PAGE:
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The students wrote their presentations as if they were addressing a group of tourists visiting a specific site and learning about the person or people associated with it. They assessed whether the site was clearly documented or merely rumored. They relied on documents from the Black History Collection at The History Center in Tompkins County, and on previous work on the Underground Railroad and the African American community in Ithaca. Once they established the main facts about the site and people in question, many of them chose to engage in creative writing and tell an imaginary short story about what might have happened at the site during the time of the Underground Railroad. Finally, each student also presented a document from Cornell University’s Samuel J. May Anti-Slavery Collection and Gail and Stephen Rudin Collection on Slavery in America. You can find the list of documents they analyzed here.

Two students were assigned to write the introduction and the conclusion to the tour, explaining the key role that Ithaca played in the history of the Underground Railroad, and the city’s current contribution to the fight against racism.

Two more students focused on the archival holdings of The History Center in Tompkins County: one delved into the story of Peter Webb and the Old Speed Homestead and the other one reviewed the Black History Collection as a whole.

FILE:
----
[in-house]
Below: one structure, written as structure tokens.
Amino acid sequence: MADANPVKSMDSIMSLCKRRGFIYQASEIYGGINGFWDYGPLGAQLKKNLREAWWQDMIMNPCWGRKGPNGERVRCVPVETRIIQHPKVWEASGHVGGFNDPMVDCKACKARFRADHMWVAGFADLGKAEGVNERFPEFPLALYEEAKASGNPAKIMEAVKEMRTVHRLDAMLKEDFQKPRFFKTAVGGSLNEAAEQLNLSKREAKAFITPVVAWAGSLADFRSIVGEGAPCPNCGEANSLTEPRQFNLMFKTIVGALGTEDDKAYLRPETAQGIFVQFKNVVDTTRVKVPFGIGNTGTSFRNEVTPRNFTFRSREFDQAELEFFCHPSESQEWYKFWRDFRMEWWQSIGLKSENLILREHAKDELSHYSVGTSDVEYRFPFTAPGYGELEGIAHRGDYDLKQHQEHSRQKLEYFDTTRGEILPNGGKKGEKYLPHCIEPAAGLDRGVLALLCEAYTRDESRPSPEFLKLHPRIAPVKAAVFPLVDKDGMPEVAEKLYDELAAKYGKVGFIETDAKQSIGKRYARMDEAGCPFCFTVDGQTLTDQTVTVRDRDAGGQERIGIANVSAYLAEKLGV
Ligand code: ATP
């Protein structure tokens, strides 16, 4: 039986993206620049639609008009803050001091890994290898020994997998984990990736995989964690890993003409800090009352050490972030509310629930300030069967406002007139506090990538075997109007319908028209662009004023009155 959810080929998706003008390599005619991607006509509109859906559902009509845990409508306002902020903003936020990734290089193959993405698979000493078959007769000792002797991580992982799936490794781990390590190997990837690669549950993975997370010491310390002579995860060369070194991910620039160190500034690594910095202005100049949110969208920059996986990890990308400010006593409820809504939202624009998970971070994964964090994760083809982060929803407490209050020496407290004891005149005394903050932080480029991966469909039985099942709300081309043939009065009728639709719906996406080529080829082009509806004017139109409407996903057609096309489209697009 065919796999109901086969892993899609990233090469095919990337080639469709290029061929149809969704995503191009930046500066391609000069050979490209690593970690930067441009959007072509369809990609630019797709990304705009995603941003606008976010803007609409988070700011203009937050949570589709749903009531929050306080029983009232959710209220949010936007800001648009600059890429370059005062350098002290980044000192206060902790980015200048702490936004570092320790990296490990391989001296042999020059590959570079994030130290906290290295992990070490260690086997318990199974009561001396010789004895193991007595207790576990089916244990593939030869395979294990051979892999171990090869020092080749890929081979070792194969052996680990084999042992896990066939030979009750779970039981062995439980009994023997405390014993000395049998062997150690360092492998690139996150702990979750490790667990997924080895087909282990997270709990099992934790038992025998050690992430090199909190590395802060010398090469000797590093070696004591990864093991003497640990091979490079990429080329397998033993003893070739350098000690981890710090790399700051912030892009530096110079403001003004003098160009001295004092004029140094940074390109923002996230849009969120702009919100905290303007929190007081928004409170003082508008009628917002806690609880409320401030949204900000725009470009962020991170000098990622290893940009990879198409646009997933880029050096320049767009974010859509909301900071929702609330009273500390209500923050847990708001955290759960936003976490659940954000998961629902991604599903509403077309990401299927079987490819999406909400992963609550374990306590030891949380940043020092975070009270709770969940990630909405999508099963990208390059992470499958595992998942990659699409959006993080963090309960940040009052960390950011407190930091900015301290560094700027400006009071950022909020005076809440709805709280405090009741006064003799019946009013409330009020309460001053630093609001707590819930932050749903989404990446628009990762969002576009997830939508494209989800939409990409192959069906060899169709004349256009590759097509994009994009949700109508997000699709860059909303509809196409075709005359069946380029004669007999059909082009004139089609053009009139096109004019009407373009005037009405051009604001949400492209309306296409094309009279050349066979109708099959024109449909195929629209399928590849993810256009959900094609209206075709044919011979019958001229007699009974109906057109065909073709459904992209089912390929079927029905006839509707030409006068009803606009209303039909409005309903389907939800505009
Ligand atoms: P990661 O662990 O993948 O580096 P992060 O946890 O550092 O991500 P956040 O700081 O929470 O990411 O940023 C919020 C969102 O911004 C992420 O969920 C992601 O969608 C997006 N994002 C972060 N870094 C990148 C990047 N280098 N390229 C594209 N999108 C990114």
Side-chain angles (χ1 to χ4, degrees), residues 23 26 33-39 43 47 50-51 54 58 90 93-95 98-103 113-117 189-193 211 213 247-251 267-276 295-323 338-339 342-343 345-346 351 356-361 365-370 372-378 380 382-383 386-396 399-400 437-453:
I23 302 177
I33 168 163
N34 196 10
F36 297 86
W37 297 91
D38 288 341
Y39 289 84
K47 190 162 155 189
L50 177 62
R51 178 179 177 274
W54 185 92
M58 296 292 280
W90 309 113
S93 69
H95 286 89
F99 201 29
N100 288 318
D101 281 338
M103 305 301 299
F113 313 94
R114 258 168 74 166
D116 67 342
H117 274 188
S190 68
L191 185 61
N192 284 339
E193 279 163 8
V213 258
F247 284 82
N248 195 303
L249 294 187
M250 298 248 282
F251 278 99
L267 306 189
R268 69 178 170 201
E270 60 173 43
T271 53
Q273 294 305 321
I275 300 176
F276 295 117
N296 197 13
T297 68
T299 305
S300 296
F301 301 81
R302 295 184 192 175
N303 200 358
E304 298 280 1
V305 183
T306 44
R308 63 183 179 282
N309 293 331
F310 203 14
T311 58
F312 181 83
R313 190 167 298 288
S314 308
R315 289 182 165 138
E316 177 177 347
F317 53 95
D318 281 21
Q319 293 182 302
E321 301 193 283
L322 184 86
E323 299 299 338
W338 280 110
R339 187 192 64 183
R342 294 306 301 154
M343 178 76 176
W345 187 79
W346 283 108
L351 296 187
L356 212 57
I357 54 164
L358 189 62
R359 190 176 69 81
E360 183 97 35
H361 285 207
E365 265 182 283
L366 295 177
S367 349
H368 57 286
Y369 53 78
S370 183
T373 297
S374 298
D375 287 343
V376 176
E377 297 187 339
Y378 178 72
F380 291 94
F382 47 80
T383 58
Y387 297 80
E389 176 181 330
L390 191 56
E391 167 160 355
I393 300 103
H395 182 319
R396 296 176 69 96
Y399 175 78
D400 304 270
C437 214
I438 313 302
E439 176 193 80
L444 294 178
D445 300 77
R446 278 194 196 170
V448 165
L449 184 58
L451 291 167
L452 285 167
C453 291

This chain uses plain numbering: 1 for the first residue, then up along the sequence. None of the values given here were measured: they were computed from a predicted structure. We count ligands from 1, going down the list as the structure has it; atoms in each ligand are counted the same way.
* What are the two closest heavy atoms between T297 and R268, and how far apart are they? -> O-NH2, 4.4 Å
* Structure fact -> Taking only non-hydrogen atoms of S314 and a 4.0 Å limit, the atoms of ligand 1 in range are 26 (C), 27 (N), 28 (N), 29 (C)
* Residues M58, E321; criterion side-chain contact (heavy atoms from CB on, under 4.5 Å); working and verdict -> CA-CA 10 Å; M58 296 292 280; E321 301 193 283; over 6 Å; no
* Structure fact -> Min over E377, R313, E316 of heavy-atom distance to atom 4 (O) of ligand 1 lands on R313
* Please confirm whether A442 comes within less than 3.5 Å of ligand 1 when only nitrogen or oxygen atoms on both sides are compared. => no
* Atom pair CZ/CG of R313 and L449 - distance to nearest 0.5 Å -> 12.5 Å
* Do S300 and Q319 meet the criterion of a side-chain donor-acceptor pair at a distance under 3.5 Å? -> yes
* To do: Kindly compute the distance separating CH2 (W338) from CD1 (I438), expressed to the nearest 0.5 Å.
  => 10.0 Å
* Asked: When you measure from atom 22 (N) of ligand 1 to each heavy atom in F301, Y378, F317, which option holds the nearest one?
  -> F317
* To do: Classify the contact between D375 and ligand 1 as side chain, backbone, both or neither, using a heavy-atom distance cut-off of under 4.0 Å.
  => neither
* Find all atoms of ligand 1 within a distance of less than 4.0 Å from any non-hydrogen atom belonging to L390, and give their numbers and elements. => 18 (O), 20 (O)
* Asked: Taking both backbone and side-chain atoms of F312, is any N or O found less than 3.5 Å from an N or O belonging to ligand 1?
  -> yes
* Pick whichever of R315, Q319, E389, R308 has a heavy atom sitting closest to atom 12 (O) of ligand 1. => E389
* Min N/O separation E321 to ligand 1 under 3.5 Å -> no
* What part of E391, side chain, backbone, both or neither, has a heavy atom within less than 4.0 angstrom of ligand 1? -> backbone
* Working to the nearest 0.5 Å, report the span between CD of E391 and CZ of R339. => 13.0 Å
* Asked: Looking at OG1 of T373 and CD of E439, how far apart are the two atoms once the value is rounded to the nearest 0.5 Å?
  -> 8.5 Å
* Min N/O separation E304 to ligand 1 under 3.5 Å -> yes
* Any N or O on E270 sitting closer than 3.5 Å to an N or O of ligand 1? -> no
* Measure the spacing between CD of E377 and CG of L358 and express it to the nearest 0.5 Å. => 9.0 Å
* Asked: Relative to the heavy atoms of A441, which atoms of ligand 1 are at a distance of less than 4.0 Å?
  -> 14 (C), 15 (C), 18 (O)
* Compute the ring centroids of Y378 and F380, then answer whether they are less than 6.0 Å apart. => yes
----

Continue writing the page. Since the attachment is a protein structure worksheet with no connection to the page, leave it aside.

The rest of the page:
The other students focused on the following sites and people:

The Hanford house at 118 Lower Creek Rd.Altha Todd Hanford and her husband William Hanford
The barbershop at 121 E. State St.George Johnson
112 North Aurora St.George Johnson’s father and Ben Johnson 
116 Cleveland Ave. – St. James AME Zion ChurchRichard Allen (along other Methodists), Rev. Thomas James, Samuel Perry, and Jermain Loguen
118 Cleveland Ave.Aunt Elsie Brooks 
125-126 W. Green St.Benjamin Halsey and his daughter
213 S. Plain St. Henry Moore
217 S. Geneva St.Alexander Murdock
326 S. Cayuga St.Simeon DeWitt and Francis Bloodgood
The corner of North Tioga and Seneca Streets (now the Seneca Street parking ramp)Frederick Douglass

 To see where the sites are located, click on the stars on the map below: